However, since 1997, stakeholders with an interest in the bridge have been looking for a way to retrofit or replace the nearly 60-year-old structure with something that would benefit multimodal vehicles. As the project continued, it would be lauded by the League of California Cities (Cal Cities).
When it was originally constructed in the mid-1960s, the Hickman Road Bridge was a seven-span concrete box girder with concrete abutment and pier walls supported on pile caps founded on driven piles. After nearly six decades of service, it was determined that the bridge was scour critical, and during high storm events — when the river levels are elevated — the structurally deficient passage had to be closed.
“The closures were a major inconvenience to the traveling public as the detour was substantial at over 10 miles,” said Sam Chrun, PE, deputy director of engineering services for the Stanislaus County Public Works Department.
With an average daily traffic rate of 6,441 vehicles and no practical solution to repair the failing bridge, city and county officials commissioned Dewberry — a nationwide firm of design, planning and construction professionals — to create a new one. It would be a massive, multi-million-dollar project, but luckily, the bridge’s scour critical status and the fact that the bridge did not meet existing seismic design criteria meant it was eligible for replacement under the Highway Bridge Program (HBP) and Local Seismic Safety Retrofit Program (LSSRP). Additional funding was procured from the Measure L Local Street & Roads Funds, city of Waterford and Highway User Tax Account Funds for a grand total of $24 million.
The new bridge consists of a 750-foot-long cast-in-place, post-tension box girder that is supported by seat abutments at each end and intermediate two-column piers. Each pier is supported by two large diameter cast-in-drilled-hole piles ranging in 100-125 inches in diameter and up to 125 feet in depth to address the ongoing degradation of the Tuolumne River channel. It also features two 12-foot-wide travel lanes; two 8-foot-wide shoulders; and one 5-foot-wide sidewalk along the east side of the bridge. It was immediately upstream of the existing structure, keeping the existing road and bridge open to the public during construction. The result is a bridge that is wide enough to accommodate two lanes of vehicular traffic plus safe pedestrian and bike access.
“The bridge had to be closed for approximately two weeks to construct the needed improvements to divert traffic from the old to new bridge,” Chrun said. “The existing bridge was then demolished upon completion of the new bridge construction.”
New features and improvements
Besides the safer structure and multimodal features, the Hickman Road Bridge replacement project included the installation of a 16-inch PVC water main in the bridge to provide the community of Hickman a future sustainable and reliable water supply from the city of Waterford. Project leaders also addressed the ongoing degradation of the Tuolumne River channel and made improvements to the local environment by minimizing the number of bridge foundations in the Tuolumne River channel. This mitigated the number of plants that had to be uprooted while also preserving the look, function and feel of the River Park and the River Park Trail.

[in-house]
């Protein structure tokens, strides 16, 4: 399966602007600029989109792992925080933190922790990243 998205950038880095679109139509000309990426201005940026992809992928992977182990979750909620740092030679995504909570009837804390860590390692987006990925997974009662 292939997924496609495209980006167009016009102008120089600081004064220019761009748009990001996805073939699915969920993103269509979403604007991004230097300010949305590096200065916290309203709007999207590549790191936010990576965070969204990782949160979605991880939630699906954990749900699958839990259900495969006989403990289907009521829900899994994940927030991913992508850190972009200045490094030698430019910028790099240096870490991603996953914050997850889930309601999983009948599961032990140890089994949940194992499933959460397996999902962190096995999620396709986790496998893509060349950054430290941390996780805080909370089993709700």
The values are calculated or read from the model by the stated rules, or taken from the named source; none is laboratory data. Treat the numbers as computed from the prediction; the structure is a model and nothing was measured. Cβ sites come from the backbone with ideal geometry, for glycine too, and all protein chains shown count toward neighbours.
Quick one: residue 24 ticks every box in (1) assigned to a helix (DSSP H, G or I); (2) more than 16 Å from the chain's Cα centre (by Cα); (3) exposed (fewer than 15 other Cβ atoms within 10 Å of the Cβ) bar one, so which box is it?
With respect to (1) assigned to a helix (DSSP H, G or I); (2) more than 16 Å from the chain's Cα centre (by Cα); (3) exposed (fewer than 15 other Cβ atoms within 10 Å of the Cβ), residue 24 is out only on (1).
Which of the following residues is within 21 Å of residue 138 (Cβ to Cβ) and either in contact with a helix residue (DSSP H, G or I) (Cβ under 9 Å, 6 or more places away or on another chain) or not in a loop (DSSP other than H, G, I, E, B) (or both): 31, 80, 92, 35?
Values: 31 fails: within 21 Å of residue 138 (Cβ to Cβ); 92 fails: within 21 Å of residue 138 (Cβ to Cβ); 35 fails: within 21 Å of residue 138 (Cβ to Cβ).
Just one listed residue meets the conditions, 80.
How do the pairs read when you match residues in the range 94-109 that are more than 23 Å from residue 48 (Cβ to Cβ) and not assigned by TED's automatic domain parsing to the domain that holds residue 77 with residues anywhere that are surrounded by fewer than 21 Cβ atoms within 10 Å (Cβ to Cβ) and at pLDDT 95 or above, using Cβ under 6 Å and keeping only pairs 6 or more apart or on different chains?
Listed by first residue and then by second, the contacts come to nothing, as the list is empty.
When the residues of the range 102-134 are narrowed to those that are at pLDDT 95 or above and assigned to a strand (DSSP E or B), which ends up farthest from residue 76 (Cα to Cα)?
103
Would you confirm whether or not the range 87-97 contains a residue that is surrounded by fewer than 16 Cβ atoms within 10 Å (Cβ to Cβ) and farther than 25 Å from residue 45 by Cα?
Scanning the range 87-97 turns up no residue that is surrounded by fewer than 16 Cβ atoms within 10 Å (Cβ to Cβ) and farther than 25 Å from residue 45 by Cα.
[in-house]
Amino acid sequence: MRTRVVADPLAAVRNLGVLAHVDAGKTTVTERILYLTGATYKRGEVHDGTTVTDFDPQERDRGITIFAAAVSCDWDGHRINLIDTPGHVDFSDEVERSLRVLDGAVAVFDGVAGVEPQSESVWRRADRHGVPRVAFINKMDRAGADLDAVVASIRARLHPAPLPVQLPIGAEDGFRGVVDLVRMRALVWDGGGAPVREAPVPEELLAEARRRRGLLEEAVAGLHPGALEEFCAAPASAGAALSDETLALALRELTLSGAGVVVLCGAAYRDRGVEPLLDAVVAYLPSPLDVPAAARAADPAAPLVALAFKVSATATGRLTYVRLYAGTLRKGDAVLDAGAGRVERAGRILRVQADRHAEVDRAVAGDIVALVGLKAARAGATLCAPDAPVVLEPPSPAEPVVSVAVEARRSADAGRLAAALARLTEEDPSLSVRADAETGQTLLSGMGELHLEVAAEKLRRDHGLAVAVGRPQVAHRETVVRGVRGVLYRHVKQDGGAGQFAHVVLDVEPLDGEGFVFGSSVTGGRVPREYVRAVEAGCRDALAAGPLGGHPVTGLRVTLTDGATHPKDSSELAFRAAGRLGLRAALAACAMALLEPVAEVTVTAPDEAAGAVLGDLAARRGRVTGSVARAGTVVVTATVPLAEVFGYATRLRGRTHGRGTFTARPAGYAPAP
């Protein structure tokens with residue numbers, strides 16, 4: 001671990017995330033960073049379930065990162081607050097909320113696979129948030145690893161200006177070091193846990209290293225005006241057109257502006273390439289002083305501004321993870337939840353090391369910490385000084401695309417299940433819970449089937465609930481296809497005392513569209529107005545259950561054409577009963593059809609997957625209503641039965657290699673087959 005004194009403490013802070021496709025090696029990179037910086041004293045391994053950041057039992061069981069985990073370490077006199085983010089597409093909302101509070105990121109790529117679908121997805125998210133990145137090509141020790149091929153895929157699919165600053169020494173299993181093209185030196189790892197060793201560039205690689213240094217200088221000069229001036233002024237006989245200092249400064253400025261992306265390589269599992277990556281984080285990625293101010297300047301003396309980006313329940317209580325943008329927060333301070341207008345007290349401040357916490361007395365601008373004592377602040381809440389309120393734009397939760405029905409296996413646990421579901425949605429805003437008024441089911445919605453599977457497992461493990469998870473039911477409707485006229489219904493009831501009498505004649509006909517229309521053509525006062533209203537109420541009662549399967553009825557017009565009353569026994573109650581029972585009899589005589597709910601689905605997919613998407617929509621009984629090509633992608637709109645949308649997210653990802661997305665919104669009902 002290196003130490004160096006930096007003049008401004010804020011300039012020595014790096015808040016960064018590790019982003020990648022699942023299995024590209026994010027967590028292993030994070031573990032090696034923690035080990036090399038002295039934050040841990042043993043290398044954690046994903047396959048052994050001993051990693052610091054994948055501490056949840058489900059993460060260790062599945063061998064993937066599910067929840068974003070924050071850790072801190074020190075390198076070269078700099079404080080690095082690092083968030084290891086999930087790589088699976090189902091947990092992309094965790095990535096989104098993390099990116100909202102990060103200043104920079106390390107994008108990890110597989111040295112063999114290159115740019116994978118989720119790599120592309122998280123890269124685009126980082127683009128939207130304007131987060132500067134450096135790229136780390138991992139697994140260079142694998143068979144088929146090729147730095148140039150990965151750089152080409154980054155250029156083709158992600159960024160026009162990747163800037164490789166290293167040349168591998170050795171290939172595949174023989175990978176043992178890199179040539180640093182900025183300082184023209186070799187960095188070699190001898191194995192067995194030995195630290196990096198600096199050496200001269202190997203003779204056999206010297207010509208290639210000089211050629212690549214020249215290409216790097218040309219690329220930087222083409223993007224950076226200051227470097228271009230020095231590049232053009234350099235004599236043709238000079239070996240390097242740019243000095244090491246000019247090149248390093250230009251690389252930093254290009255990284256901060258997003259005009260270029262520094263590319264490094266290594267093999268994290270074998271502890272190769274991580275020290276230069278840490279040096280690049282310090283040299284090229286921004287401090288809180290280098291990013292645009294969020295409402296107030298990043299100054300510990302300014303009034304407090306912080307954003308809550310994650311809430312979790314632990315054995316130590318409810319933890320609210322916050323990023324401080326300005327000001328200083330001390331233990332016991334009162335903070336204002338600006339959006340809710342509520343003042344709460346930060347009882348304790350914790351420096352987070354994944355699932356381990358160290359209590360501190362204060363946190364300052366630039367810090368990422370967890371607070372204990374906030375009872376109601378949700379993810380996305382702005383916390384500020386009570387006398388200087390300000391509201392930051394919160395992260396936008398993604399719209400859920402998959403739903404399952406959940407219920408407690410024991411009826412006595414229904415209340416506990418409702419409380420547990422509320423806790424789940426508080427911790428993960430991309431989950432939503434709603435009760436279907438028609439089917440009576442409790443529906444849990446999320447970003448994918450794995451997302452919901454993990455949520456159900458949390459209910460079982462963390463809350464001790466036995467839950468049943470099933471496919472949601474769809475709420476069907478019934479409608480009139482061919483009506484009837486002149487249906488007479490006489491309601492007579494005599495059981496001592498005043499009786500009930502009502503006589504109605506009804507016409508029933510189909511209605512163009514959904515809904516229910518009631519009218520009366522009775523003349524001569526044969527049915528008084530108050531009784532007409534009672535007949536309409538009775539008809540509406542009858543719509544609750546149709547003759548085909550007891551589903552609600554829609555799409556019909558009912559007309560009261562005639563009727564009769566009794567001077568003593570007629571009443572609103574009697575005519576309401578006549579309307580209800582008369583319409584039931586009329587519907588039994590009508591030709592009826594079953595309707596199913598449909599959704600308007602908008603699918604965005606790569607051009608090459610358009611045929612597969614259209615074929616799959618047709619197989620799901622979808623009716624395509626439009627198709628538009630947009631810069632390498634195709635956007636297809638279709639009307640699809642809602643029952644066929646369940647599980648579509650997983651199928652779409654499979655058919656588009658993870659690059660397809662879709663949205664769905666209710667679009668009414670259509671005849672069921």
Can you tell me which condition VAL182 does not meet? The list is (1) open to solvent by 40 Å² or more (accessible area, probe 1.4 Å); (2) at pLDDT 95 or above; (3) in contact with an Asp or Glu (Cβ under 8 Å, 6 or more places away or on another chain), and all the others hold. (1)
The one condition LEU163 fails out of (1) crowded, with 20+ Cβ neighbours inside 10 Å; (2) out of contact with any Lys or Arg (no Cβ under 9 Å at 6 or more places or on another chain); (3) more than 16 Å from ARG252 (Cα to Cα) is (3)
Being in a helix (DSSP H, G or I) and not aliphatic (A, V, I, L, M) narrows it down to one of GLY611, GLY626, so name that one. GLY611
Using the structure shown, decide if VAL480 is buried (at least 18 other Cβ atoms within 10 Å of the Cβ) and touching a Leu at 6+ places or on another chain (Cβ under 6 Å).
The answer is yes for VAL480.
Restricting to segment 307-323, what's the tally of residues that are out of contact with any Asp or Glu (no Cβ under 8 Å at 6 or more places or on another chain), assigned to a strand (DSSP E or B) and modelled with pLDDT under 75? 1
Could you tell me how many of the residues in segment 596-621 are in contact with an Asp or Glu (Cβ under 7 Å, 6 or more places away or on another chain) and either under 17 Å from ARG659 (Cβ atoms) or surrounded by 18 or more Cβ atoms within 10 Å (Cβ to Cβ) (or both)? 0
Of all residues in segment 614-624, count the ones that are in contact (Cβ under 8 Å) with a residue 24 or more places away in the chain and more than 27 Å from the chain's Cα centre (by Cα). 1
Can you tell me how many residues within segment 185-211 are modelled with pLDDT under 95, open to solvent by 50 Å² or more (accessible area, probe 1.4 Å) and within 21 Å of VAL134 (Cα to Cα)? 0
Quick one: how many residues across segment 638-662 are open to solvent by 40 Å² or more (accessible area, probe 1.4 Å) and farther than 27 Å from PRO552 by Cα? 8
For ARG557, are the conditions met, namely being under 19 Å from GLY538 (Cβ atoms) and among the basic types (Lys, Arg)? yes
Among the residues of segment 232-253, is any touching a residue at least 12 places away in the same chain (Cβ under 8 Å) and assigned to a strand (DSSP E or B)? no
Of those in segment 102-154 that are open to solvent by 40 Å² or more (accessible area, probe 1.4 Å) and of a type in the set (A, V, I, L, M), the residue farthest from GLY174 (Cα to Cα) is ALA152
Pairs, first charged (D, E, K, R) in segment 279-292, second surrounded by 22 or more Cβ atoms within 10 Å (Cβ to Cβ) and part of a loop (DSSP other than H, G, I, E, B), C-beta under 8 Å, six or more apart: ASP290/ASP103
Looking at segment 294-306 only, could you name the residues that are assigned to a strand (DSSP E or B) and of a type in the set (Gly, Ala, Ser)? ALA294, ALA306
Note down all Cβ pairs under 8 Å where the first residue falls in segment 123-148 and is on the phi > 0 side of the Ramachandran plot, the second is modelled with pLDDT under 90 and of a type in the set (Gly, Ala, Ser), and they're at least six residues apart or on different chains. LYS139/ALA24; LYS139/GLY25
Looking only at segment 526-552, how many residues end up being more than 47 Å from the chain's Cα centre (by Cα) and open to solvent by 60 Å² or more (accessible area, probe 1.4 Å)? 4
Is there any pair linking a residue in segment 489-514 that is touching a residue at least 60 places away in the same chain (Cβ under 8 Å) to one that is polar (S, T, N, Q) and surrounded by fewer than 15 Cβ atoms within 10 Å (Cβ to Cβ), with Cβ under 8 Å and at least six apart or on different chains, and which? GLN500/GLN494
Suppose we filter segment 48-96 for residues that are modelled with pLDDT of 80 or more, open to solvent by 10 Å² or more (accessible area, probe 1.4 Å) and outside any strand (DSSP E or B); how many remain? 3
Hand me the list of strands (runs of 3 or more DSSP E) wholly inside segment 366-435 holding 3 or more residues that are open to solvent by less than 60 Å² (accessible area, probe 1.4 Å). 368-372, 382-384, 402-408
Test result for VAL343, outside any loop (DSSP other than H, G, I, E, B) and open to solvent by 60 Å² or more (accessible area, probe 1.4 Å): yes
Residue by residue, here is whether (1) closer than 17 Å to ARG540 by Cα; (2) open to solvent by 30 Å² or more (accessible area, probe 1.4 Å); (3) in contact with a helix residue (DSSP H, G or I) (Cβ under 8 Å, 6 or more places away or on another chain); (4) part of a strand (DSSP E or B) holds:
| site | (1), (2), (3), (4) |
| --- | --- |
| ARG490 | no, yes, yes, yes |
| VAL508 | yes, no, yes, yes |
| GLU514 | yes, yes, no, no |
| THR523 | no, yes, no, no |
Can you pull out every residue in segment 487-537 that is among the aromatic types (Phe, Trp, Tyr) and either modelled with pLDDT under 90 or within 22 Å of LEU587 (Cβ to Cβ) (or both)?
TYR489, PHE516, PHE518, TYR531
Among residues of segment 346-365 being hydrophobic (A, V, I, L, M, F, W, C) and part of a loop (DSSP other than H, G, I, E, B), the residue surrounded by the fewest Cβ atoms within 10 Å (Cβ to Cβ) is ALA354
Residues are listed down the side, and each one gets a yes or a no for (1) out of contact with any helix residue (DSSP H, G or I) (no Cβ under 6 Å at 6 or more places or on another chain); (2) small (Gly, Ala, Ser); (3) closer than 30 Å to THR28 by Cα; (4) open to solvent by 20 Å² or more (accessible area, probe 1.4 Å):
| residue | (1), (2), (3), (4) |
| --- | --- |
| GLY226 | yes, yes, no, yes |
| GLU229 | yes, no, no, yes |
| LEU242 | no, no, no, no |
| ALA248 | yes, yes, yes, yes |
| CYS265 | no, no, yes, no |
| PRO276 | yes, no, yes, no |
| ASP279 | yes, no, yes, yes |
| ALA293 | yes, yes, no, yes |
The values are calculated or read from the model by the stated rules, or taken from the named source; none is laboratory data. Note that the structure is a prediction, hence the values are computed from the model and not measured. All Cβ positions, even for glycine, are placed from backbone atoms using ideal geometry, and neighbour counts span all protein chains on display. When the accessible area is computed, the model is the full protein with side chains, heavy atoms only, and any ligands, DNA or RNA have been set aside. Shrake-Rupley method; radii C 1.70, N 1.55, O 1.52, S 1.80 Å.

Construction required the temporary closure of the River Park and a portion of the River Park Trail to provide access for the heavy machinery needed to build the new Hickman Road Bridge. As the project concluded, contractors reestablished and made improvements to the spaces that will have permanent impacts within the community.
“The River Park Trail was rerouted to a more level, ADA-compliant path of travel with proper retaining walls and hand railing through the site,” Chrun said.
As part of the California Department of Fish and Wildlife environmental permitting requirements, the team also had to mitigate for any loss of habitat that the bridge project might impact. As it turned out, there was an estimated 6,000 bats living on the old bridge in the gap between the exterior bridge girder and the telecommunication conduits on the upstream side of the bridge. During construction, the crew could maintain the bat colonies on the old bridge while the new one was being built during the first year of construction. When the bats migrated south for the winter, crews excluded the bat habitat on the old bridge and incorporated bat houses in the new structure so when they returned in the spring, the mammals could move into their new abodes.
“This was extremely successful since the new bridge has a thriving bat colony,” Chrun said.
The Hickman Road Bridge replacement project has been so successful, it was the overall winner of the 2023 Outstanding Local Streets and Roads Project Awards, which recognize creative and cost-efficient programs in counties and cities throughout California that preserve and protect the public’s investments in improving local streets, roads and bridges.
Sponsored by Cal Cities, County Engineers Association of California and California State Association of Counties, the Outstanding Local Streets and Roads Project Awards were awarded to five innovative programs during the Cal Cities Public Works Officers Institute/CEAC Spring Conference on March 9 in Los Angeles County.
“Every day, cities and counties are delivering on important transportation in their communities,” said Cal Cities Department of Public Works President Benjamin Fine, Pismo Beach director of public works and city engineer. “These award-winning projects demonstrate local leaders’ commitment to reducing greenhouse gas emissions and the vital role local jurisdictions play in achieving our state environmental goals.”